R:evolution – tradition – technology, a one day ceramics symposium for ceramic arts students and professionals, brings together ten nationally and internationally recognized artists to share and explore the ways contemporary ceramic artists interact with and employ new digital technologies. Presenters will discuss and demonstrate how they use technology as a tool for making work, in their artistic enquiry, or as a means to connect with peers and their market. Presentations will cover theoretical topics as well as practical techniques in areas such as sculpture, hand-building, wheel-throwing, glaze and firing technology and clay bodies, offering an opportunity to investigate the relevance and role of traditional methods in contemporary society.

Continue to watch this newsletter for information about each of the ten Symposium presenters as well as reports about other events and workshops that will run in conjunction with the Symposium.

Katrina Chaytor has been a faculty member at the Alberta College of Art and Design since 2001. Alongside her teaching profession, Katrina maintains an active studio practice and national and international exhibition schedule. Katrina is a popular presenter who has conducted workshops and/or enjoyed residency and research opportunities in Mexico, Greece, Crete, the United States, Italy, France and England. Katrina is grateful to have her work recognized through a number of awards including the Alberta Craft Council Award of Honour in 2010.

"Decoration is integral to my research and pottery practice in its capacity to be both performative - delighting the eye, and informative - as a cultural carrier of meaning. In my current work, I “mine” our digital culture, embedding computer icons and symbols into decorative compositions on my ceramic works; synthesizing the digital with a decorative intent. Computer icons are signs of the technological environment of our 21st century society that permeates both the personal and public domains of our lives, as we navigate and communicate in this digital terrain of hashtags, @’s, cursors and clouds. Beauty and “delighting the eye”… is achieved when the icons are repeated, layered, patterned, overlapped and imbued with coloured glazes on the surfaces of my pottery.”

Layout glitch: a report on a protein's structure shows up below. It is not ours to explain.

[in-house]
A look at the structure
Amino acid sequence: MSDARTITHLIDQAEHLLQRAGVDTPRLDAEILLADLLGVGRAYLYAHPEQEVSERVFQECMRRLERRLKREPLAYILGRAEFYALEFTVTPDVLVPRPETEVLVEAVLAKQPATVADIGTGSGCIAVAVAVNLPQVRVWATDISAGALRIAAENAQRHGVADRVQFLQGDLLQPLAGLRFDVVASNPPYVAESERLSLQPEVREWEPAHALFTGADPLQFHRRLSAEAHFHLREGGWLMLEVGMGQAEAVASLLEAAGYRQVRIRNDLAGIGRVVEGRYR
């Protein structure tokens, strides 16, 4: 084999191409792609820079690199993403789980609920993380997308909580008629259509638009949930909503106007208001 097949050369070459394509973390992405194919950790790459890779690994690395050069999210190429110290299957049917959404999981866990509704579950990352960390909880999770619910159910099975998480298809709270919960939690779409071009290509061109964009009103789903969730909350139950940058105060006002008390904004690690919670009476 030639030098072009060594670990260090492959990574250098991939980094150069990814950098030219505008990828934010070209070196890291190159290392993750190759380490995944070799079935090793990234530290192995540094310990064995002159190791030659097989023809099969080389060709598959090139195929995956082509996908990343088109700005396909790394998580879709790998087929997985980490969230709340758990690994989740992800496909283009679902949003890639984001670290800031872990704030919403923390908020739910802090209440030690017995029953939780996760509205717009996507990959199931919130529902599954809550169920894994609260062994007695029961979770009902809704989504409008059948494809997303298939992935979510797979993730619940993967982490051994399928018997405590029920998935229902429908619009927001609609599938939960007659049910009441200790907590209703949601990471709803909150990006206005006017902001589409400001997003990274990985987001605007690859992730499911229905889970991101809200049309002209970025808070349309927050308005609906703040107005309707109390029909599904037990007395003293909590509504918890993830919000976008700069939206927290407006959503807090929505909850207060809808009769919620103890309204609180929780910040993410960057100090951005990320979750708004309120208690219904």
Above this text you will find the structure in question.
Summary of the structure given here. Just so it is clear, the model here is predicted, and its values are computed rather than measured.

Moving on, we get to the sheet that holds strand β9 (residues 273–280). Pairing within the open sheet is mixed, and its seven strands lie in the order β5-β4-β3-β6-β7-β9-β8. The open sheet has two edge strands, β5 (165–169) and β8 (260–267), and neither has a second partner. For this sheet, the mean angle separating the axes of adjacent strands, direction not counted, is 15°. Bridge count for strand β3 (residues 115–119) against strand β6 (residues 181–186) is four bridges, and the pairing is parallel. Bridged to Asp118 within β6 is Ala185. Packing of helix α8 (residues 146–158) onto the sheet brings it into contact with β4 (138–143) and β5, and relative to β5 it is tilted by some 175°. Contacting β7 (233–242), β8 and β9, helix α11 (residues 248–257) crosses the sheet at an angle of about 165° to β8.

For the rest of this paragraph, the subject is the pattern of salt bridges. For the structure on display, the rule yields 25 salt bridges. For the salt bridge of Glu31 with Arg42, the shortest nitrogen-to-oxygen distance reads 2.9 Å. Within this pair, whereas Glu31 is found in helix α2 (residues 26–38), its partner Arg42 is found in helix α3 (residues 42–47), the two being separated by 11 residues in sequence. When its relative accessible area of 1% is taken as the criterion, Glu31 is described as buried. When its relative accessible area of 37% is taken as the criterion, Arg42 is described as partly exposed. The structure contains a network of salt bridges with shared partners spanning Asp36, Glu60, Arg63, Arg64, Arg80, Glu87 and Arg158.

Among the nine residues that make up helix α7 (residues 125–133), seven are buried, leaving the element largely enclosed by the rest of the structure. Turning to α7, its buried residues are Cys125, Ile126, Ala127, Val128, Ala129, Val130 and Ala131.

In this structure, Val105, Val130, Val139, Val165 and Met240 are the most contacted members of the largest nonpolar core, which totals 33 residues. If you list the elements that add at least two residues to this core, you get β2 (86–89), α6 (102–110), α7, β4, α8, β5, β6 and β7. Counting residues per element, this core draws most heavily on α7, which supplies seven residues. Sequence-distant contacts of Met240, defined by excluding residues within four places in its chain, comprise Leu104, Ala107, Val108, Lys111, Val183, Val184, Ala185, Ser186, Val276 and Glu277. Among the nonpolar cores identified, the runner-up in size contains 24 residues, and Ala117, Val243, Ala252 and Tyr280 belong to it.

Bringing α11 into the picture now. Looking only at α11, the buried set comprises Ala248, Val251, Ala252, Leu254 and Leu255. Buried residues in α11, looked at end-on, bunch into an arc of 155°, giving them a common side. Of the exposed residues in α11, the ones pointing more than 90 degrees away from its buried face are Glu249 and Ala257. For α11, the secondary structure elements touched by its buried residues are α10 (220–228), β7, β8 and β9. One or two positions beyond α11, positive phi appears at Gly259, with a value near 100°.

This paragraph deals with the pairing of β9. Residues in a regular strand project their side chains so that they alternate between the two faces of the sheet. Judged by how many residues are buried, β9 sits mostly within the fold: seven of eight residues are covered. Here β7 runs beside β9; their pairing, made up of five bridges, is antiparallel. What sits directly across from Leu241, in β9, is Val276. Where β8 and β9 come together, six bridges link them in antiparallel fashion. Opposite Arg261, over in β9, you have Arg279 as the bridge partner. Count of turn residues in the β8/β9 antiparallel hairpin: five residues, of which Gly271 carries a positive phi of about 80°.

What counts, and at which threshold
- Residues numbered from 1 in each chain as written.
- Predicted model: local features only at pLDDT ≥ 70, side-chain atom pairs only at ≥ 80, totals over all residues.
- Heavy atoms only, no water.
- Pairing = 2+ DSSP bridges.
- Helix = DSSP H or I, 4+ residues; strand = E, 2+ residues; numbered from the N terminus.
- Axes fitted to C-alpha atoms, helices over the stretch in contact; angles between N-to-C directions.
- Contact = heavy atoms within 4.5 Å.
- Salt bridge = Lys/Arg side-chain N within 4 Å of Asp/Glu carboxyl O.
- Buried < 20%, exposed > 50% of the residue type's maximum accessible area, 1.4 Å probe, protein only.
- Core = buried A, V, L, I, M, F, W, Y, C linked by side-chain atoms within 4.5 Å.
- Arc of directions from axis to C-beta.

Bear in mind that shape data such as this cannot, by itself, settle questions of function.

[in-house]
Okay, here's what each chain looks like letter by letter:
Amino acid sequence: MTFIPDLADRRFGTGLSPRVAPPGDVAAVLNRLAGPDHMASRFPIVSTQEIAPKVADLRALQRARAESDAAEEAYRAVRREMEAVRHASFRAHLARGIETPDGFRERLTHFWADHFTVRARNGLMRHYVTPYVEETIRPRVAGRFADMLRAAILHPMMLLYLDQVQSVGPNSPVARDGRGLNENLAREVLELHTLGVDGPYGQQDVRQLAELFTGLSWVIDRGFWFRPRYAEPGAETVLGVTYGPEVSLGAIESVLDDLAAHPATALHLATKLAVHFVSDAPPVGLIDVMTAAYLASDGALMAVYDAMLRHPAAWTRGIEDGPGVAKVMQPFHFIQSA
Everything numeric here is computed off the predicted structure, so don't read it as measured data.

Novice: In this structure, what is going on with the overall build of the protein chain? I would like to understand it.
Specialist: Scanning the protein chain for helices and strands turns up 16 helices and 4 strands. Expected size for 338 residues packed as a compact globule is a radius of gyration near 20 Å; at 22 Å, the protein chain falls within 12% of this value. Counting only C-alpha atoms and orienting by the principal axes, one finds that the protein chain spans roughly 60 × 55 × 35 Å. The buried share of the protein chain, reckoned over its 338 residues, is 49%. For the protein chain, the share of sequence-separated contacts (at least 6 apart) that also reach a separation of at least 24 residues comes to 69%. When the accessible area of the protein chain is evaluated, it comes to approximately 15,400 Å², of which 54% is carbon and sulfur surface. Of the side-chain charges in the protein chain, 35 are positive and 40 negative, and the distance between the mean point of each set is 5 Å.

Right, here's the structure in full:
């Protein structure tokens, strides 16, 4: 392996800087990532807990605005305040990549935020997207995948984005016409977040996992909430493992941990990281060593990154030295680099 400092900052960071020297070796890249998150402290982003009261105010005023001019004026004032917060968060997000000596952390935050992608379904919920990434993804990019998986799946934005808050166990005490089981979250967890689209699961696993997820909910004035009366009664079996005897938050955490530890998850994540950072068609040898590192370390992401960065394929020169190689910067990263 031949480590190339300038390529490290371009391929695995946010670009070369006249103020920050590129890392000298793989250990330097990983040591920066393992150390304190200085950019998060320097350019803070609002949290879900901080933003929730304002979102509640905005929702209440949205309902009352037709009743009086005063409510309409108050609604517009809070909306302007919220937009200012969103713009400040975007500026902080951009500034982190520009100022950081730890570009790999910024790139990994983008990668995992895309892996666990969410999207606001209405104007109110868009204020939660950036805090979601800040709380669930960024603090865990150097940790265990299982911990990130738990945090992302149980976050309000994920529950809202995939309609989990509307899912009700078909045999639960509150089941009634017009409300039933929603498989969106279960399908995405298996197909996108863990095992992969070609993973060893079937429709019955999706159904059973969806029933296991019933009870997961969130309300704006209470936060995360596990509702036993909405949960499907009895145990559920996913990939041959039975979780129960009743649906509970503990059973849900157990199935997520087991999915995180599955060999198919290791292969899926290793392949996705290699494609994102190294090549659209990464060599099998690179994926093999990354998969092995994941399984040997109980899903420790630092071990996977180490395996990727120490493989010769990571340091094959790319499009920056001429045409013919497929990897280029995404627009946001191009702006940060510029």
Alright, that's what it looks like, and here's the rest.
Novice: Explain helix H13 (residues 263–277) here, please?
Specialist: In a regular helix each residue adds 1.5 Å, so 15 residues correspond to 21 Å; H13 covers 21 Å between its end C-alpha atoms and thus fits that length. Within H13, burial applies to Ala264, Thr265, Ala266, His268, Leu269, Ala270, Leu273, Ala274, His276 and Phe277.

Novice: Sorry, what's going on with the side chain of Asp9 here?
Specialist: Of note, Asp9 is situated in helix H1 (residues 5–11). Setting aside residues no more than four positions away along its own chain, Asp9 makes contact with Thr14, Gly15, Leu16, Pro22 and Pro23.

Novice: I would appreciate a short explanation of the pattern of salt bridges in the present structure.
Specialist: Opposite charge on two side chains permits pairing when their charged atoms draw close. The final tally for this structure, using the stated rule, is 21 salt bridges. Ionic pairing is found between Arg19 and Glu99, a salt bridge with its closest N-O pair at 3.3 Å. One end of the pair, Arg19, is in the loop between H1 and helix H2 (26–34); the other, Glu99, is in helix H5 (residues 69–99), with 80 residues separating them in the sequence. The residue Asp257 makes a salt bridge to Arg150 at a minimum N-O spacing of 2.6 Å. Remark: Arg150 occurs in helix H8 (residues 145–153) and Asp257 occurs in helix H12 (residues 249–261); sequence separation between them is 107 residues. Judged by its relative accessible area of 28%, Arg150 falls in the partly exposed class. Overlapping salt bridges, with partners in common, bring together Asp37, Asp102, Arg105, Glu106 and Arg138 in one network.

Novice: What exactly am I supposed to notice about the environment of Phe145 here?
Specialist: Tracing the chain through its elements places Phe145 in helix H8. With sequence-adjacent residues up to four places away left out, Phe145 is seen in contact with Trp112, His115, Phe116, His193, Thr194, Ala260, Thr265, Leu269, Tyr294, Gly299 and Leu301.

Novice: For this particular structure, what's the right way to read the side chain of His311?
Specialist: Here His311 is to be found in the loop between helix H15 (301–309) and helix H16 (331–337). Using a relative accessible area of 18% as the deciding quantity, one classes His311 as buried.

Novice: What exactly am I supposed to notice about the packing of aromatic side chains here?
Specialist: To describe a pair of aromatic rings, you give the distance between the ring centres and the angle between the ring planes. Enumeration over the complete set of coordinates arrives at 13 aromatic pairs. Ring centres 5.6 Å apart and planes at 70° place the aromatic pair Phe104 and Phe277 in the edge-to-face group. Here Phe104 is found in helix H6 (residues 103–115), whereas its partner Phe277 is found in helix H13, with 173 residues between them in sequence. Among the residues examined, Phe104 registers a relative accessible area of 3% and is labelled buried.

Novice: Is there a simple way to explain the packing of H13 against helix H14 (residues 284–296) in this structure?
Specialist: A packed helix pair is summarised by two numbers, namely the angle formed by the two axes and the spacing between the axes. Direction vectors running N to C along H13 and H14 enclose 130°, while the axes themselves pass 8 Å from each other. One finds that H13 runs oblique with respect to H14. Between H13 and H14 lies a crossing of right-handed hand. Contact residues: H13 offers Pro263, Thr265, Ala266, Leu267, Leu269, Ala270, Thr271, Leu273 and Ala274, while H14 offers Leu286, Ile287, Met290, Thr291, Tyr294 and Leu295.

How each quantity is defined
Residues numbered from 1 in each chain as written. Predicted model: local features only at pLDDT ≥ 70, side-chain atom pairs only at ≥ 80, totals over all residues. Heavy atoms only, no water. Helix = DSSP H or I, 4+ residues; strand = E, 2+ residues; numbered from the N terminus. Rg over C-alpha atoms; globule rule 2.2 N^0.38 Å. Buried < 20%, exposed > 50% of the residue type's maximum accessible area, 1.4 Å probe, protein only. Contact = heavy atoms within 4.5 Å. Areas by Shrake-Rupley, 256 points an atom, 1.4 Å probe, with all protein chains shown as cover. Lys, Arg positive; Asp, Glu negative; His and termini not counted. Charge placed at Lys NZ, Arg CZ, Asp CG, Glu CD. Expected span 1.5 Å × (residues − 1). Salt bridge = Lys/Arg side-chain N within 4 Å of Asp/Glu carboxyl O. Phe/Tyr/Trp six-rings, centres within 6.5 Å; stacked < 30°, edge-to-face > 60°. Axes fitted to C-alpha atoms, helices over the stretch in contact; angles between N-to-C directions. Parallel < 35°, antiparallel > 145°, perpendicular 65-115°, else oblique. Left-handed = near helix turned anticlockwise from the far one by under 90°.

Learn more about Katrina and her work at www.katrinachaytor.com

 

James C. Watkins is a ceramic artist who has been working professionally with clay for over 30 years.  His work is included in the White House Collection of American Crafts, and the Shigaraki Institute of Ceramic Studies in Shigaraki, Japan. James teaches Architectural Ceramics and Architectural Drawing in the College of Architecture at Texas Tech University where he received the President’s Excellence in Teaching Award. Mr. Watkins is also a Paul Whitfield Horn Professor, the highest honor that Texas Tech University may bestow on members of its faculty in recognition of national and international distinction for outstanding research or other creative scholarly achievements.  James has co-authored two books, “Alternative Kilns & Firing Techniques” and “Architectural Delineation, Presentation Techniques and Projects”.  His work is also the subject of a book entitled “A Meditation of Fire the Art of James C. Watkins” by Kippra D. Hopper. 

  • James is known for his large scale double-walled ceramic vessels and laser cut porcelain substrate tiles. He is recognized for his textured surfaces, created by using alternative firing techniques, as well as his colourful lustered surfaces created through multi-firings and fuming.

 

Learn More!

For full symposium information, please visit http://www.canadianclaysymposium.com

  • All participants must be pre-registered.

  • Registration is now open. Early Bird Registration is $125 for Adults or $110 for Seniors and Post-Secondary Students (plus GST) until January 15th, after that date Registration will be $150 for Adults or $131.25 for Seniors (plus GST).

  • The Senior & Student Discount is only available through phone, in-person and mail-in registration, on-line registration includes only the pricing option for regular Adult registration.

  •  All Fees include lunch.

  • Register by mail (cheque payable to the City of Burnaby) or by phone to set up a new account: 604-291-6864.

  • Those previously registered in Burnaby programs can access webreg online at: www.burnaby.ca/webreg

 

Newsletter #2: Katrina Chaytor & James Watkins.pdf (click to download this article)

 

R:evolution – tradition – technology

The 7th Triennial Canadian Clay Symposium

 Saturday, March 18th, 2017 - Shadbolt Centre for the Arts, Burnaby, BC